Imagine the Universe!

High-Energy Astrophysics News

News Archive: Gamma-ray Bursts

Link to article Reboosting the Compton Gamma-Ray Observatory
[18 Feb 1997]
- The Compton Gamma-Ray Observatory (CGRO) has been in Earth orbit for nearly six years now. In that time, observations from its 4-instrument complement have greatly expanded our understanding of the most energetic objects in the Universe.


Link to article Look, There in the Sky! It's a Gamma-Ray Burster?
[27 Mar 1997]
- What exactly is the source of a gamma-ray burst? Since their discovery in the early 1970s, nobody has been able to explain the cause of the mysterious flash of gamma-rays called a gamma-ray burst that seems to come from a random direction on the sky. Worse yet, it is even unclear whether these high-energy explosions originate in our own Galaxy or in distant galaxies across the Universe. Now, all of that may have changed!


Link to article Astronomers Detect Most Powerful Explosion Since Big Bang
[18 May 1998]
- The energy released in a cosmic gamma-ray burst detected in December 1997 is the most energy ever detected from an explosion in the Universe, perhaps making it the most powerful explosion since the creation of the Universe in the Big Bang.


Link to article SWIFT Satellite to Catch the Most Powerful Flashes of Light Known in the Universe
[26 October 1999]
- Once or twice a day, without warning, there are brief flashes of highly energetic light that momentarily outshine the rest of the universe. NASA has chosen to develop a mission that will be capable of capturing information about these unpredictable bursts of gamma-rays.


Link to article The Universe Lights Up on Beethoven's Birthday
[30 December 1999]
- Ludwig van Beethoven would have been impressed. On December 16, the 229th anniversary of the musician's birth, the Universe lit up in gamma rays that, for a few seconds, outshone the entire sky.


Link to article Hidden Gamma Ray Sources to be Exposed
[14 March 2000]
- The universe is a violent place. Stars explode. Galaxies collide. Gas and dust spin around black holes at incredible velocities until the black holes devour it all. Recent space telescope missions have given scientists a glimpse into the nature of these violent events and energetic objects. "GLAST" will give them a much better look.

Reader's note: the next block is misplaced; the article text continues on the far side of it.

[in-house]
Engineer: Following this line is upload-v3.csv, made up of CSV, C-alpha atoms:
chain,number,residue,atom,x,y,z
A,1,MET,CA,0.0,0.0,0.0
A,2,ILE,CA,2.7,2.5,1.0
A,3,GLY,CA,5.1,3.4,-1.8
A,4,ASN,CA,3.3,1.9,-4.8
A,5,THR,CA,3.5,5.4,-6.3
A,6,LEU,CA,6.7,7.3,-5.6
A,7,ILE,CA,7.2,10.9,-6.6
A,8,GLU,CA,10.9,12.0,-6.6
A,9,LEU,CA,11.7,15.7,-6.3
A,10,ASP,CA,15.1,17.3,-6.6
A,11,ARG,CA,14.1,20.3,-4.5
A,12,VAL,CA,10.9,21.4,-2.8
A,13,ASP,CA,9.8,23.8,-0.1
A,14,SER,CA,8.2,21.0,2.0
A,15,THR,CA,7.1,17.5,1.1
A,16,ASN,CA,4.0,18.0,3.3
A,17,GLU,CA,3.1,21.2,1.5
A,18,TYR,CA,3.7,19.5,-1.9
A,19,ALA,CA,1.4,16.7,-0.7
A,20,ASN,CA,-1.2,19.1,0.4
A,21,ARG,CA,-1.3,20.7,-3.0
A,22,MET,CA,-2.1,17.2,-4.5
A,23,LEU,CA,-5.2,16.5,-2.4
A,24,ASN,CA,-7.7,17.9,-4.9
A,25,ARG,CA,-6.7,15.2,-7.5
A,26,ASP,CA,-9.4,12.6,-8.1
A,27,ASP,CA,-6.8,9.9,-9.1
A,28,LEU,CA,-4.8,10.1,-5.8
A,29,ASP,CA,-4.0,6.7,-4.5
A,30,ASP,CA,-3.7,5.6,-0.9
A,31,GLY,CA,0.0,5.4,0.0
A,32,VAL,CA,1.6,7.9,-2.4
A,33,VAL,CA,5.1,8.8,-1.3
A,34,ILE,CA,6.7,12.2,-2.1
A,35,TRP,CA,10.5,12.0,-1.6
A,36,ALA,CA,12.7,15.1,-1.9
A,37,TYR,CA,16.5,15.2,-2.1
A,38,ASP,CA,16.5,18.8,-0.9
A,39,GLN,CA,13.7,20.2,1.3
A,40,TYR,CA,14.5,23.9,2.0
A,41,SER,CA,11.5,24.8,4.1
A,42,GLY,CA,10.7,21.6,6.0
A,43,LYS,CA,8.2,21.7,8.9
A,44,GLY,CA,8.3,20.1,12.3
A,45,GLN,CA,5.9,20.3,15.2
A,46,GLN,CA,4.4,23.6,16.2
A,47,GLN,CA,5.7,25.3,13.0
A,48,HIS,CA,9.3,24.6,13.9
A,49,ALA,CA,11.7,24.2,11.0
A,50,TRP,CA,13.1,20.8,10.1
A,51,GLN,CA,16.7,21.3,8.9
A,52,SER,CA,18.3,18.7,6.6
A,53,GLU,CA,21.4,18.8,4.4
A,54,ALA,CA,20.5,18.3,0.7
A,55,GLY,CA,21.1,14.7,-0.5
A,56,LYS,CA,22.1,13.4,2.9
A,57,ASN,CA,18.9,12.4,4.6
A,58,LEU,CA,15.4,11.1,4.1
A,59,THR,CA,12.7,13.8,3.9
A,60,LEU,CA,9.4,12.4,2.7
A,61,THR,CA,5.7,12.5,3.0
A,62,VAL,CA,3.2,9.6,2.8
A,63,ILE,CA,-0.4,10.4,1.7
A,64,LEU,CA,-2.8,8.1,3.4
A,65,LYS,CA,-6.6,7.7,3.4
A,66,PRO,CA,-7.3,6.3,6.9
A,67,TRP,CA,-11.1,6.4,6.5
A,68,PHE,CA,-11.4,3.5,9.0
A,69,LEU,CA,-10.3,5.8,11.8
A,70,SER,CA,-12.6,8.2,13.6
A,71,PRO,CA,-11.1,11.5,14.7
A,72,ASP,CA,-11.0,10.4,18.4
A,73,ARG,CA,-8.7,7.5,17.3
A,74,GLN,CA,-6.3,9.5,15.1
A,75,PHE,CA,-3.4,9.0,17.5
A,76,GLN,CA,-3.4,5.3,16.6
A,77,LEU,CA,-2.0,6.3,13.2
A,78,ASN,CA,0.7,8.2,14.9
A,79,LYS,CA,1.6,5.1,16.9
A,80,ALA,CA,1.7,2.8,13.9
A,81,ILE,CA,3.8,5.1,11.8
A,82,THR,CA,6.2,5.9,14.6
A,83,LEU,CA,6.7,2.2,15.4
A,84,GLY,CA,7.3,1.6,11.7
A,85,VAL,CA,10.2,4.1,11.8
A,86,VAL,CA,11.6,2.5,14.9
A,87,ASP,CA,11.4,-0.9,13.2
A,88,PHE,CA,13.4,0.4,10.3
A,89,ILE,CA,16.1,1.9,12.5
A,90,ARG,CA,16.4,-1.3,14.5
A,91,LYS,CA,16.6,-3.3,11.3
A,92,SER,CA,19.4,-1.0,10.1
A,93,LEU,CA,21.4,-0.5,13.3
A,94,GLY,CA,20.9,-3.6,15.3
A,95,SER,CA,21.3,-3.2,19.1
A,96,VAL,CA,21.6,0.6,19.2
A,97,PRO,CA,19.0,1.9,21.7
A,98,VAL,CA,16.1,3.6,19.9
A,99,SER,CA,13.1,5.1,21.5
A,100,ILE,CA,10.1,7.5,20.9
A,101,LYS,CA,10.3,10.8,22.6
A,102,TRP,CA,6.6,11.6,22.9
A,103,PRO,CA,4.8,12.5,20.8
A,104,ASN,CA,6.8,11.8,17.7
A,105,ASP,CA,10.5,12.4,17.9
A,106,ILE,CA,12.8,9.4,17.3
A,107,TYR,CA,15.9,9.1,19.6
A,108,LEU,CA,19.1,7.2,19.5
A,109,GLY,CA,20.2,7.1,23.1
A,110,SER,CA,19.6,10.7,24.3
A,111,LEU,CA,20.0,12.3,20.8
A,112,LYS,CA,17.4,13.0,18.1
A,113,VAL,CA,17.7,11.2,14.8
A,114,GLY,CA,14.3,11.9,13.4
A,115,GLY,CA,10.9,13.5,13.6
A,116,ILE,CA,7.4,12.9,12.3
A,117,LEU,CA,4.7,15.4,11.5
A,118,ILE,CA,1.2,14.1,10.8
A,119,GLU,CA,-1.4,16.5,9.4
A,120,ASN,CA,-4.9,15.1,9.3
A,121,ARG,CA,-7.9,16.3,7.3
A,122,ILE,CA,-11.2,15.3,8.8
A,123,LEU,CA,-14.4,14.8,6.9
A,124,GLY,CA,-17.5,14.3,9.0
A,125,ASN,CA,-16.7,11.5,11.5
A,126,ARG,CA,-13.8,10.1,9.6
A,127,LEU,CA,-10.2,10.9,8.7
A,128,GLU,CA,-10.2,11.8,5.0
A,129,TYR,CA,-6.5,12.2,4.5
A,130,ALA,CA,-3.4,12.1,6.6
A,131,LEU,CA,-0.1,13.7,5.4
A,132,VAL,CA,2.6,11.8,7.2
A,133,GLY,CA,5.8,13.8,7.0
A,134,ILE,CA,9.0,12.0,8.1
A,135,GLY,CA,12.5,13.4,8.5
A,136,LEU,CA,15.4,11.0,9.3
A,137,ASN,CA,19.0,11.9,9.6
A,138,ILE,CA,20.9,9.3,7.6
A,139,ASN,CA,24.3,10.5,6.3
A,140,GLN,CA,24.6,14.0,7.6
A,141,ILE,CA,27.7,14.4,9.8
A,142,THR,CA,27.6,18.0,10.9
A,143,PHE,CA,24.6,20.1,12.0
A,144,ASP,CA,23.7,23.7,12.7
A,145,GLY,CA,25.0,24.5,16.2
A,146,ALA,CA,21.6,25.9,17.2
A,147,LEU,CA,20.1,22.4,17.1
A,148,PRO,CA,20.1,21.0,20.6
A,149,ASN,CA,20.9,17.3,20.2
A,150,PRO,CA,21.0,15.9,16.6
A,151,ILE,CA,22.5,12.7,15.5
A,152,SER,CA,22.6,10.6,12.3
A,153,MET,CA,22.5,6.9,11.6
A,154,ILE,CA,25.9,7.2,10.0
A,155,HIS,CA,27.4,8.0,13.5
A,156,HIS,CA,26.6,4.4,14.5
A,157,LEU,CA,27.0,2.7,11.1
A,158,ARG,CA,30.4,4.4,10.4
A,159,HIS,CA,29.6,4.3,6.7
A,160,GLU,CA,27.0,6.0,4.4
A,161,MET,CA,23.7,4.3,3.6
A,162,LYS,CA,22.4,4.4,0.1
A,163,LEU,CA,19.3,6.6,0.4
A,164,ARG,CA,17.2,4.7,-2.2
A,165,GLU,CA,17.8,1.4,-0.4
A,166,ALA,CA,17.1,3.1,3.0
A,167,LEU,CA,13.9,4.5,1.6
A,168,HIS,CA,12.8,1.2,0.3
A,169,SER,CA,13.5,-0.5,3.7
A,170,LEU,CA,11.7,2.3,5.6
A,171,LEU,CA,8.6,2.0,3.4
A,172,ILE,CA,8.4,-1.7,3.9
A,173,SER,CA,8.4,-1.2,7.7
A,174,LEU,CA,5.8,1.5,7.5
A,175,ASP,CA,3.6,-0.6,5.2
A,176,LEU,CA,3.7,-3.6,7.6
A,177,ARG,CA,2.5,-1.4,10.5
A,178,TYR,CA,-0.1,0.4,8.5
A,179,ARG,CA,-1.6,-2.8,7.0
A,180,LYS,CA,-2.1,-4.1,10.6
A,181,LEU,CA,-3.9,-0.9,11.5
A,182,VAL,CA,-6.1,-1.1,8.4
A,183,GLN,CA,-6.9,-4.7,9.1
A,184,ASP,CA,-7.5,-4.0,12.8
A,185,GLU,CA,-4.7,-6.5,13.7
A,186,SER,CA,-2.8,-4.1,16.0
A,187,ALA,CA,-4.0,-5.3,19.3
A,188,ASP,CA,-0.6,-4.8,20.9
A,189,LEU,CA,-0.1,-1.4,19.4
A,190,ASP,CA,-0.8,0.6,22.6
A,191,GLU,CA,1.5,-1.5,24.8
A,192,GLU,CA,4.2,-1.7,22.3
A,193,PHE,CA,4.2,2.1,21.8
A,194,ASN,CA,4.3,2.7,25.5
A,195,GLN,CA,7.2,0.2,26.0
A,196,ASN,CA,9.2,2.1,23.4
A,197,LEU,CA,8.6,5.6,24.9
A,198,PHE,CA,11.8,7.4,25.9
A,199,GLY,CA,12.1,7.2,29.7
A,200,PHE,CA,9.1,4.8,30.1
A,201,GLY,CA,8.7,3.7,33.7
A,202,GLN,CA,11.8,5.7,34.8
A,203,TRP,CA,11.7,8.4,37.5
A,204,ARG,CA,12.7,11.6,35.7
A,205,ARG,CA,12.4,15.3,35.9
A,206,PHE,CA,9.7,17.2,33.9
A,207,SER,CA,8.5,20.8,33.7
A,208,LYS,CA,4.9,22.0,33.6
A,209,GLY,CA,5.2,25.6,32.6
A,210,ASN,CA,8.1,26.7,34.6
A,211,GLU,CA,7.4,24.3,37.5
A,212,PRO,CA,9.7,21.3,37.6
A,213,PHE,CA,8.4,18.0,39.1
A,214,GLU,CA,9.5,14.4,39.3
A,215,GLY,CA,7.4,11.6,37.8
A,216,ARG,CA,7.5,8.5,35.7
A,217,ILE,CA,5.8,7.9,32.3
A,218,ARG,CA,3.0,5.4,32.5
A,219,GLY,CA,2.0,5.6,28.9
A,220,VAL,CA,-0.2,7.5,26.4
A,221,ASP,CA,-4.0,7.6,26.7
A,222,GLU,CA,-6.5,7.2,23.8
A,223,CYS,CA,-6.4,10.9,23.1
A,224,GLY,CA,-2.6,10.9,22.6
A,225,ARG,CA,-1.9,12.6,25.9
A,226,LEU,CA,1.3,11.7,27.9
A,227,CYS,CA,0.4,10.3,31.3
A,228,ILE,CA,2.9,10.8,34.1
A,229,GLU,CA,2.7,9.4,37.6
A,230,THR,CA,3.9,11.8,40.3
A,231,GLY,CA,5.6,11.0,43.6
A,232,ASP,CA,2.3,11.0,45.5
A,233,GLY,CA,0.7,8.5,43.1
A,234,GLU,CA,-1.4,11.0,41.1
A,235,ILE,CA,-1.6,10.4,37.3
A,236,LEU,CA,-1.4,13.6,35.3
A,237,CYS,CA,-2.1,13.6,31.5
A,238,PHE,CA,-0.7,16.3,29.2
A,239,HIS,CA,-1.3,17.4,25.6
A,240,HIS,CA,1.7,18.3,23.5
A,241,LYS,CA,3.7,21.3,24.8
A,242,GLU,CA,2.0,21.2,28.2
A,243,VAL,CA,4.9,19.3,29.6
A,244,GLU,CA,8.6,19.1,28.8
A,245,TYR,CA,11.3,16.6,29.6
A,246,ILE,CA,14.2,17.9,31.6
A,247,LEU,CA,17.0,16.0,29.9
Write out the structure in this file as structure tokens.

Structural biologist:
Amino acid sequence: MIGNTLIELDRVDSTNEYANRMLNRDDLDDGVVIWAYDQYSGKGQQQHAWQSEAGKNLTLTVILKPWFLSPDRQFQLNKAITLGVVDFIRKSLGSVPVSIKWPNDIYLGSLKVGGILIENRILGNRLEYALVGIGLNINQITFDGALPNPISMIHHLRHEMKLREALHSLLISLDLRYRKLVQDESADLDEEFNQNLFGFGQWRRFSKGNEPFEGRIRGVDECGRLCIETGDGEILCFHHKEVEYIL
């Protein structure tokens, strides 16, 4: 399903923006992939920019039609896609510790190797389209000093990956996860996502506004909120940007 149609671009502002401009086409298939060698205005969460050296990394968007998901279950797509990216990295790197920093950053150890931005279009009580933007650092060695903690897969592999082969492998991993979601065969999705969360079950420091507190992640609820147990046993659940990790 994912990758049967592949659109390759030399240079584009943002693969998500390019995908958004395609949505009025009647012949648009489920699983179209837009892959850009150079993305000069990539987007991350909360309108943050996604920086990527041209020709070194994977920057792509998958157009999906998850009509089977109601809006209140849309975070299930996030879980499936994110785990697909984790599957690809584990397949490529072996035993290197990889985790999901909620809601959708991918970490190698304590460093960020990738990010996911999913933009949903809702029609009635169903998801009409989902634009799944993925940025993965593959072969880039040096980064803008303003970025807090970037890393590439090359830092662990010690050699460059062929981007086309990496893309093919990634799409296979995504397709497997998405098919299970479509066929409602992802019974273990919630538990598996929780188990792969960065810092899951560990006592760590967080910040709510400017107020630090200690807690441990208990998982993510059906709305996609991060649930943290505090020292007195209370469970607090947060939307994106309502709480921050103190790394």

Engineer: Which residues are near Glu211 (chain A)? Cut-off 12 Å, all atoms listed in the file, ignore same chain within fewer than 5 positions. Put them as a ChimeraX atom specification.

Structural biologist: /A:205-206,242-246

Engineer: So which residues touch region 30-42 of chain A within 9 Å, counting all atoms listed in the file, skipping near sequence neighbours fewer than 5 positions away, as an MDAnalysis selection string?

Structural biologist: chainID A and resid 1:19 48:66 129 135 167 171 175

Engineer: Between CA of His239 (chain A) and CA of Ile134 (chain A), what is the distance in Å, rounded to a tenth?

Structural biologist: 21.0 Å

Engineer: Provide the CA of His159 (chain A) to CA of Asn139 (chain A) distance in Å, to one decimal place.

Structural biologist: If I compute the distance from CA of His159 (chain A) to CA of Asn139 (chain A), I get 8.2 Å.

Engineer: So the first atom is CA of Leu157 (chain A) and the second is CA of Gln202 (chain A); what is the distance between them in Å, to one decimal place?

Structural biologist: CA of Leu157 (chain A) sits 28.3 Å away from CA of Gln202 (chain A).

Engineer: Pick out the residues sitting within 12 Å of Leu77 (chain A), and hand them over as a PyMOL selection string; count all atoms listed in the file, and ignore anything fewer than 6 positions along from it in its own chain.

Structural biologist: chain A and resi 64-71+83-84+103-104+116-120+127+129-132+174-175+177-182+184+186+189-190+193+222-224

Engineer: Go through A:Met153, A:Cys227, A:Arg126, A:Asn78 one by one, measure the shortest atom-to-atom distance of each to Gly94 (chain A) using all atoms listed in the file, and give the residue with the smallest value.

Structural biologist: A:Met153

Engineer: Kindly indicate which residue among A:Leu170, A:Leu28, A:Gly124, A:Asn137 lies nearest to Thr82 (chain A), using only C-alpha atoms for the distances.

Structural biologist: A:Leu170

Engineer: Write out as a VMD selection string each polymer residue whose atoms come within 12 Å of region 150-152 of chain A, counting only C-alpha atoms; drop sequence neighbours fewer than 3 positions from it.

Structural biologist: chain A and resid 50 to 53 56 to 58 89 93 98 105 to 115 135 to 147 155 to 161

Link to article Dishwasher-shaped Satellite to Catch Gamma-Ray Bursts
[10 October 2000]
- Gamma-ray bursts are explosions that represent the greatest release of energy in the Universe other than the Big Bang. Satellites detect several of these bursts a day, and scientists do not know what causes them.


Link to article "Local" Gamma-Ray Bursts Are Newest Pieces of Puzzle
[28 January 2002]
- Don't look now, but some gamma-ray bursts may be closer than you think. Although scientists have believed for some time that most gamma-ray bursts originate from the farthest reaches of the Universe, a NASA Goddard scientist has discovered about 100 of them that are quite "local," within 325 million light years from Earth.


Link to article Scientists Detect First Afterglow of Short Gamma-Ray Bursts
[01 March 2002]
- In the powerful realm of gamma-ray bursts, scientists say they have detected for the first time a lingering afterglow of the shortest types of bursts, which themselves disappear within a second.


Link to article Race To Gamma Ray Burst Reveals Gigantic Explosion, Death, & Birth
[24 March 2003]
- Scientists arriving on the scene of a gamma ray burst, just moments after the explosion, have witnessed the death of a gigantic star and the birth of something monstrous in its place, quite possibly a brand-new, spinning black hole.


Link to article NASA Detects One Of Closest And Brightest Gamma Ray Bursts
[16 May 2003]
- The Universe clearly works weekends; delivering one of the brightest and closest gamma ray bursts yet on Saturday, March 29, at 6:37 a.m. EST.